Entity Framework Core 2 – Breaking changes and obsolescence

 

Entity Framework Core 2 was released on August 14th. It brought new features.

On this article I will explain : Breaking changes and obsolete features

The IDbContextFacfory<T> interface was replaced by IDesignTimeDbContextFactory<T>.

This interface is required when you want to add new migration and update database.

Example:

public class AdventureWorksContextScaffoldedFactory : IDesignTimeDbContextFactory<AdventureWorksContext>
{
   public AdventureWorksContext CreateDbContext(string[] args)
   {
      var builder = new DbContextOptionsBuilder<AdventureWorksContext>();
      builder.UseSqlServer(@const.connectionStringGenerated);
      return new AdventureWorksContext(builder.Options);
   }
}

The extension method UseMemoryDatabase has changed

Now it’s strongly recommanded to use the signature with an in memory database name, because you may have issues if you use multiple databases in memory.

Example:

var serviceProvider = new ServiceCollection()
 .AddDbContextPool<AdventureWorksContext>(
    options =>
    {
       options.UseInMemoryDatabase("AdventureWorks");
    })
 .AddScoped<IEfQueries, EfQueries>()
 .BuildServiceProvider();

If you don’t use the signature with a name, you will get an “obsolete” warning:

Other changes

Package Microsoft.EntityFrameworkCore.SqlServer.Design is deprecated in favor of Microsoft.EntityFrameworkCore.Design(now provider-agnostic).

Only 2.0 providers will work, so any existing providers that target EF Core 1.x will need to be rewritten.

Logging event IDs have changed from the previous version and they are now identical to those used by corresponding ILogger messages. The logger categories now come from subclasses of DbLoggerCategory, such as DbLoggerCategory.Database.CommandDbLoggerCategory.MigrationsDbLoggerCategory.Infrastructure, etc, all of which offer a Name property.

Entity Framework Core 2 – Explicit compiled queries

 

Entity Framework Core 2 was released on August 14th. It brought new features.

On this article I will explain one of them: Explicitly compiled queries

Entity Framework Core included query caching since version 1, but there is still some overhead associated with calculating the key from the query and getting it from the cache. Therefore, version 2 introduced a capability that existed in LINQ to SQL and Entity Framework 5: explicit query compilation and execution. By this, we are able to pre-compile a query and use it in whatever context we want (of a compatible type, of course). We can even eagerly fetch associated collections or entities.

Example:

private static Func<AdventureWorksContextDI, int, Orders> _getOrderById =
  EF.CompileQuery((AdventureWorksContextDI context, int id) =>
  context.WorkOrders.Select(
  x => new Orders
  {
     Id = x.WorkOrderId,
     ProductName = x.Product.Name,
     Quantity = x.OrderQty,
     Date = x.DueDate
  }).FirstOrDefault(x => x.Id == id));

Usage:

public Orders GetOrderByIdCompiled(int id)
{
   return _getOrderById(_context, id);
}

What performance improvments to expect ?

I executed the non compiled query and the same version but compiled (using Stopwatch object), and I measured this:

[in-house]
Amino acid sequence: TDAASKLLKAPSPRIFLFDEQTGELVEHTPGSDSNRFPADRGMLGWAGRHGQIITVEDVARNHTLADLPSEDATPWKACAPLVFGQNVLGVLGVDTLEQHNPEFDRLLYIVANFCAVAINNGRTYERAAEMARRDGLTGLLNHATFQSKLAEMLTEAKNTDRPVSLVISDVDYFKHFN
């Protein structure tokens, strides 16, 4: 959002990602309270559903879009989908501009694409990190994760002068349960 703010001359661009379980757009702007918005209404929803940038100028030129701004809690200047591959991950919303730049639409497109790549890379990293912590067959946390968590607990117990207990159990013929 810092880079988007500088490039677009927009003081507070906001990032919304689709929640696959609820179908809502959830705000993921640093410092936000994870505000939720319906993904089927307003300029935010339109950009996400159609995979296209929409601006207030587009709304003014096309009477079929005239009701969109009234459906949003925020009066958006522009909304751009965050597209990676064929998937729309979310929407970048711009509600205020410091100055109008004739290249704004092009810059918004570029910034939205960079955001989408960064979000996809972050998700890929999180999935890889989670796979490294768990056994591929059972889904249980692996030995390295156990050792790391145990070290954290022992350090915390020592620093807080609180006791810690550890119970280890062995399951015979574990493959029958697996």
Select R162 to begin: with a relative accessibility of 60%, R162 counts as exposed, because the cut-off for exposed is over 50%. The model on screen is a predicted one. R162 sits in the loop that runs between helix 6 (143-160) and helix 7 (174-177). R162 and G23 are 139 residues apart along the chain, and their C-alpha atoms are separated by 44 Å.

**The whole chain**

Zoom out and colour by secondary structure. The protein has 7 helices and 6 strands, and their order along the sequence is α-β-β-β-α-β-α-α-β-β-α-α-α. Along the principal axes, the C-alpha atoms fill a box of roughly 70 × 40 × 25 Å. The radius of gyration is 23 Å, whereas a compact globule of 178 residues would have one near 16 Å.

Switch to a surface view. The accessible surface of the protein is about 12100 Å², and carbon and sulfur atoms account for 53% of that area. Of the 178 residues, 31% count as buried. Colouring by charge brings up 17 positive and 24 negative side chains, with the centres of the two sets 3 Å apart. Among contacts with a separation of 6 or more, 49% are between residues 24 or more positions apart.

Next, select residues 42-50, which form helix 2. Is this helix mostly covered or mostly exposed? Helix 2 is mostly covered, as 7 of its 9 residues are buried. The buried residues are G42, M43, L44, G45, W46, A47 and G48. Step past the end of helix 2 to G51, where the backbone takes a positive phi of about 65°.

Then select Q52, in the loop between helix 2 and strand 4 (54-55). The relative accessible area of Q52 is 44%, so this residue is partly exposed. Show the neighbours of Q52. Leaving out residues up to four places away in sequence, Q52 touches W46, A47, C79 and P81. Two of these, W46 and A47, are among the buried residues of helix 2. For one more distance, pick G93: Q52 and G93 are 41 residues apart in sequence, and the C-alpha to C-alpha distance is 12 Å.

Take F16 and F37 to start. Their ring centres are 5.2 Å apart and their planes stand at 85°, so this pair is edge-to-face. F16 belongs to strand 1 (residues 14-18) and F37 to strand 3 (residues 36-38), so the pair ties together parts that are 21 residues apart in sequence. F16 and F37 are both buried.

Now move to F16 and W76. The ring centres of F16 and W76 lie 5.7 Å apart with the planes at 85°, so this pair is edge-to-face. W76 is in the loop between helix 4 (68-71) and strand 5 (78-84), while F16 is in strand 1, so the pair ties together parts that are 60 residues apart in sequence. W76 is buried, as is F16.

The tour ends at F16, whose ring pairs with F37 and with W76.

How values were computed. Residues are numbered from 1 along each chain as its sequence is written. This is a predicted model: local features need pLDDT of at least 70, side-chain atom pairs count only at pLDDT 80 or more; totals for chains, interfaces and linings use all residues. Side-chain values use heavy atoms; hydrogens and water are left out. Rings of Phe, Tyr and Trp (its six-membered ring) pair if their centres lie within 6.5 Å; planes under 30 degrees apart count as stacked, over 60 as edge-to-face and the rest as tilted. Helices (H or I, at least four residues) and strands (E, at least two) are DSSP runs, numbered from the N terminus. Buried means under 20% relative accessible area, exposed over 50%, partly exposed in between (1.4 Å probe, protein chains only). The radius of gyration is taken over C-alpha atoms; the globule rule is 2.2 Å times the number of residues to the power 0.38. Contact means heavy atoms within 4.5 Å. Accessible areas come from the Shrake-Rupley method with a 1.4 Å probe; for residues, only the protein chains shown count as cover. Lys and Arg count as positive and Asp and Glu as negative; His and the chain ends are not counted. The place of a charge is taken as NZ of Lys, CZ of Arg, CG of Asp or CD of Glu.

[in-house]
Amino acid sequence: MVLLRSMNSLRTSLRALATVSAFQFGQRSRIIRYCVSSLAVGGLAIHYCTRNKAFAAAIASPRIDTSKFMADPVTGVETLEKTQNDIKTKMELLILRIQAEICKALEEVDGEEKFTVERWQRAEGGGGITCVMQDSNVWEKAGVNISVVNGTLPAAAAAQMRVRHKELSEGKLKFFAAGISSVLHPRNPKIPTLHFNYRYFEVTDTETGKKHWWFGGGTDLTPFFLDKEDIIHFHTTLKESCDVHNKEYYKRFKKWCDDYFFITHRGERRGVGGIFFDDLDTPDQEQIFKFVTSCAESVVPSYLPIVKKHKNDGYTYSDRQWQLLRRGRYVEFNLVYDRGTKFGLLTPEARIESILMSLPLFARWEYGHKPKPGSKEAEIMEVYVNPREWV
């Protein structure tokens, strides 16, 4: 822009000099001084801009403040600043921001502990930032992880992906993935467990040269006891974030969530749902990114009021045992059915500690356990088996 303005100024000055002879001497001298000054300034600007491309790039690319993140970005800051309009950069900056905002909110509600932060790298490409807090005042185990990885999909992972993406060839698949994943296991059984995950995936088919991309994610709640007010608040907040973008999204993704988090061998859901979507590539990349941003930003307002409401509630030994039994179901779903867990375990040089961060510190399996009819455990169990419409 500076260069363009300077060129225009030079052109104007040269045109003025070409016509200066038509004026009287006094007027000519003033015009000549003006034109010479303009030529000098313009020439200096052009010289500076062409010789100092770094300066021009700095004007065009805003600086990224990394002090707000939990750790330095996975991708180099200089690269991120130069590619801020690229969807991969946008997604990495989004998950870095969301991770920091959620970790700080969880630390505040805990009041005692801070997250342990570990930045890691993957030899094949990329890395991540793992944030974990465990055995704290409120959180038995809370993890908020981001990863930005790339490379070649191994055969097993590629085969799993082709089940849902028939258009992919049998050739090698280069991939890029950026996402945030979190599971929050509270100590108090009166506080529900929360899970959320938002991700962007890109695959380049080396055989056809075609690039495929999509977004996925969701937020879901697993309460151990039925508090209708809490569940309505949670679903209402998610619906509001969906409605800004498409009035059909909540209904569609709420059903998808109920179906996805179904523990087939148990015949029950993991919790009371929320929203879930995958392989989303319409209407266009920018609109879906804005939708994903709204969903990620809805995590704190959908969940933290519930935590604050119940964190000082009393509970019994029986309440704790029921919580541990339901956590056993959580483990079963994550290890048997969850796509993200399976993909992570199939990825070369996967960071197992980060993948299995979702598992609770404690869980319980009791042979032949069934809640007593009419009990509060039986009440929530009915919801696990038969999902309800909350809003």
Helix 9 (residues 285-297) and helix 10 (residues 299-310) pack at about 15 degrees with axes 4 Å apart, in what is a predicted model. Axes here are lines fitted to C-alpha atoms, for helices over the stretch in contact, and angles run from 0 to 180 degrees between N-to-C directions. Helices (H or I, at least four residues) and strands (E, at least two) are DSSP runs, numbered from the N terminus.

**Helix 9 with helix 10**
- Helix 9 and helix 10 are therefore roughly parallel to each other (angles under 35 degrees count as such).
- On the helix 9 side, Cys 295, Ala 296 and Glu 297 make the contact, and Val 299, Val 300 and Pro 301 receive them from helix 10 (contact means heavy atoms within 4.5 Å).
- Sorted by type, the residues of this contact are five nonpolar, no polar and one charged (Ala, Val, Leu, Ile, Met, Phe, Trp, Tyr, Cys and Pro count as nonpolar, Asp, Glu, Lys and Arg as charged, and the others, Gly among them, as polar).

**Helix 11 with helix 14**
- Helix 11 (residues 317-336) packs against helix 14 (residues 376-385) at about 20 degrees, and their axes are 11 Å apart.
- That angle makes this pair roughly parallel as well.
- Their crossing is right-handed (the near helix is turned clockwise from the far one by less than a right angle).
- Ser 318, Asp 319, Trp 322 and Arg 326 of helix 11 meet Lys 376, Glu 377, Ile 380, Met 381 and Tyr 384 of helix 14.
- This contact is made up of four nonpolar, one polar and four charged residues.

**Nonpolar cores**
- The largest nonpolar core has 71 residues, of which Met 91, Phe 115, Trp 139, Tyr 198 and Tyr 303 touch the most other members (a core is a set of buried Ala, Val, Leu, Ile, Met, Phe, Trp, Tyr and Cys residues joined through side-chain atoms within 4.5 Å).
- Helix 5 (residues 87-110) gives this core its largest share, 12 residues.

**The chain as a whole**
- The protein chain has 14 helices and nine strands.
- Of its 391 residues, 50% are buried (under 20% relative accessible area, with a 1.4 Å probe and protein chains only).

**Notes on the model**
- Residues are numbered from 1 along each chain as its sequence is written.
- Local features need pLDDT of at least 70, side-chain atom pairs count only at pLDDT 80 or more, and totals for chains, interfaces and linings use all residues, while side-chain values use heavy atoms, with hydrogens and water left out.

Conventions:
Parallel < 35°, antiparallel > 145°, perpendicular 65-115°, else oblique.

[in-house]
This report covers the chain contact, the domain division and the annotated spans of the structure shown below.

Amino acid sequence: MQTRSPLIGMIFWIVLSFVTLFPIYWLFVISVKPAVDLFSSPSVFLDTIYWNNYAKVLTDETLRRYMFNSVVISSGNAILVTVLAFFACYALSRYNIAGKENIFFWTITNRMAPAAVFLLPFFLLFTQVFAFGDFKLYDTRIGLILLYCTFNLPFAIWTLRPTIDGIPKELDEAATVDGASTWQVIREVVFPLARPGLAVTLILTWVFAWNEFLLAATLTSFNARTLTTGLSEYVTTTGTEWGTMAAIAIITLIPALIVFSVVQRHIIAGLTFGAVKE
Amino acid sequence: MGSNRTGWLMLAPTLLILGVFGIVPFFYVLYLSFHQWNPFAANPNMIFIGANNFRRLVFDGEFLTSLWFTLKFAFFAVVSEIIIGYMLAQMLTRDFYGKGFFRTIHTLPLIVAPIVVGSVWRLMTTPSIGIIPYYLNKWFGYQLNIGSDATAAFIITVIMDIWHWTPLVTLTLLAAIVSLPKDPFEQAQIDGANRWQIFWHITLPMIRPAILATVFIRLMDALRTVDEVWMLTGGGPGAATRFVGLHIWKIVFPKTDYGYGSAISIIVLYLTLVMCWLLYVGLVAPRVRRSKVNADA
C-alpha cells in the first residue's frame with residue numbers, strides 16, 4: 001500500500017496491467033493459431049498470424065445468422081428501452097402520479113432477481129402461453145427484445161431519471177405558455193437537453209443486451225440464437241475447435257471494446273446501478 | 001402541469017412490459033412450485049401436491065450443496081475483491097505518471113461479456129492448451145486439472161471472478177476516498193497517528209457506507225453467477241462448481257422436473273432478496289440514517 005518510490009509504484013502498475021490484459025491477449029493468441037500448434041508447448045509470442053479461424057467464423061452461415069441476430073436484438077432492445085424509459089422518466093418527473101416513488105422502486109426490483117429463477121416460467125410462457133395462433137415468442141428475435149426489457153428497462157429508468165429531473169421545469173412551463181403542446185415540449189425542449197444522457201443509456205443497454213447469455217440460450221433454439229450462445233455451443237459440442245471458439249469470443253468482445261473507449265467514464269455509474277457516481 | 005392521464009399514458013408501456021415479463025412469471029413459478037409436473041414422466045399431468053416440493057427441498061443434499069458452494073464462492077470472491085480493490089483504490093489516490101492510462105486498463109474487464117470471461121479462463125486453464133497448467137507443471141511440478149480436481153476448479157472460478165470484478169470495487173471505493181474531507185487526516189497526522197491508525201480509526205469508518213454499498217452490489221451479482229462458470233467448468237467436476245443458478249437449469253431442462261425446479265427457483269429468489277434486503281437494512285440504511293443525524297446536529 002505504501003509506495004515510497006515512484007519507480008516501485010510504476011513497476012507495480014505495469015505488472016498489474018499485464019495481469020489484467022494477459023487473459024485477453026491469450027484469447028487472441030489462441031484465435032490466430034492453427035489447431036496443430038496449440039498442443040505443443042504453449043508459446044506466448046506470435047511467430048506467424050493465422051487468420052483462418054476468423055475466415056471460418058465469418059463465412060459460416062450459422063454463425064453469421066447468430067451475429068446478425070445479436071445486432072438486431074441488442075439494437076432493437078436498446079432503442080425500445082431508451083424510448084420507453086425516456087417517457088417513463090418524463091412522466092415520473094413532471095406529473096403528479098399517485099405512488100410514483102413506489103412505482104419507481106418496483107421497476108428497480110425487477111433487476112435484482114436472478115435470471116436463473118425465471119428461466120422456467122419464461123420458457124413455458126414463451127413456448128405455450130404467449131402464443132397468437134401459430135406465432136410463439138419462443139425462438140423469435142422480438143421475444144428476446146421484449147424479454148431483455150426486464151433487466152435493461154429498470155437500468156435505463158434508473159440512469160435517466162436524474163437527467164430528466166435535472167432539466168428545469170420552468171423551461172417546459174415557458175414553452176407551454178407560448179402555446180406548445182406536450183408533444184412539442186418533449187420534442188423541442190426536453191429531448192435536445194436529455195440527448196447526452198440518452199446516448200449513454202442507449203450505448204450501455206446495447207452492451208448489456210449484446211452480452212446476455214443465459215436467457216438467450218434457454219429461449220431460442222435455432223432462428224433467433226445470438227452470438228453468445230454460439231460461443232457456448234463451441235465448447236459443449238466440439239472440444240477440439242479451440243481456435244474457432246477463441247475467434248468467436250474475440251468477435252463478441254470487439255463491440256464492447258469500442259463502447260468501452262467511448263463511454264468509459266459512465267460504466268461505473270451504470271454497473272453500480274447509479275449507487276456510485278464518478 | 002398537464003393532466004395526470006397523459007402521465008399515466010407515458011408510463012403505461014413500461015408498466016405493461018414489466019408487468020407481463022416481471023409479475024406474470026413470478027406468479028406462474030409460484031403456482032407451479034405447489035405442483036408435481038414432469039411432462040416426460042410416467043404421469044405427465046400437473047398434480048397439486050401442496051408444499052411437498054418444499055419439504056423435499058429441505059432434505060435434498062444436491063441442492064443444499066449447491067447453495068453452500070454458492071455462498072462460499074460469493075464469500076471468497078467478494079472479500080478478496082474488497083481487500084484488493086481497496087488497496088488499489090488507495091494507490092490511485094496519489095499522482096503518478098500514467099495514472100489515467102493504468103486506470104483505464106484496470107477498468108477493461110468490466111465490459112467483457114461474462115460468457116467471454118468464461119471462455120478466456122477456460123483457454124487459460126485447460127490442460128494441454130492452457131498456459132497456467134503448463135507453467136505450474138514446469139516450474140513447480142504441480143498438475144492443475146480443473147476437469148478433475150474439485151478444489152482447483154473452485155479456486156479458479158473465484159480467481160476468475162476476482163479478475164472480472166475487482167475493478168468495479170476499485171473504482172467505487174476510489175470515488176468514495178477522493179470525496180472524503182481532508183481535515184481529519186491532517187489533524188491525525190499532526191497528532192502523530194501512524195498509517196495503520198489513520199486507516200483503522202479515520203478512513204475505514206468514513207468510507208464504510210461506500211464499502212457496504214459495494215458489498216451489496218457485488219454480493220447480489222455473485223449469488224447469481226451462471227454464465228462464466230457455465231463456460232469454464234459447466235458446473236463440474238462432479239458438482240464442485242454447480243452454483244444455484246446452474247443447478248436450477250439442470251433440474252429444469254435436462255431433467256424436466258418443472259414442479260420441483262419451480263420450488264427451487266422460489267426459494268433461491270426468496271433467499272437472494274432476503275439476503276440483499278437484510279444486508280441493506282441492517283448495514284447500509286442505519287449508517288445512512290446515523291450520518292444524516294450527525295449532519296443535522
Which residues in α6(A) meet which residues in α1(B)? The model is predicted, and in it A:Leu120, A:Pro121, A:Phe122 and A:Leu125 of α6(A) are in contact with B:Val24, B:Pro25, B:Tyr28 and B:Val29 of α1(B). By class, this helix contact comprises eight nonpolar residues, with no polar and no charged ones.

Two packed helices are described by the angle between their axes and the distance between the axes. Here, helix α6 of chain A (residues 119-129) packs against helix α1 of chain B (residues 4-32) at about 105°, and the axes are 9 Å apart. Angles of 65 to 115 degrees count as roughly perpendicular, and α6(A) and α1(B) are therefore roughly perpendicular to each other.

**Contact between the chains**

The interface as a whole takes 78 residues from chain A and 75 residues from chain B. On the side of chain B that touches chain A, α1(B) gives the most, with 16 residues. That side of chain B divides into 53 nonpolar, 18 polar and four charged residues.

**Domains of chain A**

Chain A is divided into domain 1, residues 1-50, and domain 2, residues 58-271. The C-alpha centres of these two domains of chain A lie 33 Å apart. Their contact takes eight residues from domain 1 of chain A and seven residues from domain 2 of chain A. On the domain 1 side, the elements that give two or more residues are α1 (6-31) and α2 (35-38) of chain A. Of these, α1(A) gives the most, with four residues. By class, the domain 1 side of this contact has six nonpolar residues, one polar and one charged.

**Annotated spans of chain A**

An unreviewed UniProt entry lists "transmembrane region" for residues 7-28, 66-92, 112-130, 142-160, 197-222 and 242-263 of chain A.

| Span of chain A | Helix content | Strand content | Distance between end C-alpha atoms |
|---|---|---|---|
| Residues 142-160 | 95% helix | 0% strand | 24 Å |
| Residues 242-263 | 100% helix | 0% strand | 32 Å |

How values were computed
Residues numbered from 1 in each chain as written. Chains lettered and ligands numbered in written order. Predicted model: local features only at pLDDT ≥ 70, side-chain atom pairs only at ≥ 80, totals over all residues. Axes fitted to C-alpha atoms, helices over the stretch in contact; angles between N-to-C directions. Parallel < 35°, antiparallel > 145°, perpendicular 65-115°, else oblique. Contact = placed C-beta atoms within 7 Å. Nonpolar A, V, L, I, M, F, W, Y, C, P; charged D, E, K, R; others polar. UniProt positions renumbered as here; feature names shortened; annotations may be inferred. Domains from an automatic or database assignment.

• Compiled query: 2 to 15 ms
  • Non compiled query: 4 to 23 ms

 

It looks faster 🙂

Entity Framework Core 2 – DbContext Pools

 

Entity Framework Core 2 was released on August 14th. It brought new features.

On this article I will explain one of them: DbContext Pools

Normally when a DbContext is injected somewhere by the dependency injection framework, a new instance is created every time. With this, we can have a pool of instances, 128 by default. It is a performance improvement and it is configured like this (console app example):

var serviceProvider = new ServiceCollection()
 .AddDbContextPool<AdventureWorksContext>(options => { //options })
 .AddScoped<IEfQueries, EfQueries>()
 .BuildServiceProvider();

.AddDbContext from Entity Framework Core 1 is still implemeted in Entity Framework Core 2.

What kind of improvment to expect ?

Let’s build a Query and let’s see the improvment by using 2 instances of the queries service intantiated by injection dependency system:

public Orders GetOrderById(int id)
{
   return _context.WorkOrders.Select(
                             x => new Orders
                             {
                                Id = x.WorkOrderId,
                                ProductName = x.Product.Name,
                                Quantity = x.OrderQty,
                                Date = x.DueDate
                             }).FirstOrDefault(x => x.Id == id);
}

 

// Using AddDbContext 
var efqueriesService1 = serviceProvider.GetService<IEfQueries>();
efqueriesService1.GetOrders();
var efqueriesService2 = serviceProvider.GetService<IEfQueries>();
efqueriesService2.GetOrders();

// Using AddDbContextPool
var efqueriesService1 = serviceProvider.GetService<IEfQueries>();
efqueriesService1.GetOrders();
var efqueriesService2 = serviceProvider.GetService<IEfQueries>();
efqueriesService2.GetOrders();

I executed this serie of execution 20 times and I measured the execution (using Stopwatch object) this:

With AddDbContext:

  • Instance 1: 23 to 29 ms (instantiation + execution)
  • Instance 2: 7 to 9 ms (instantiation + execution)

With AddDbContextPool:

  • Instance 1: 17 to 21 ms (instantiation + execution)
  • Instance 2: 5 to 7 ms (instantiation + execution)

It looks a bit more performant! 😉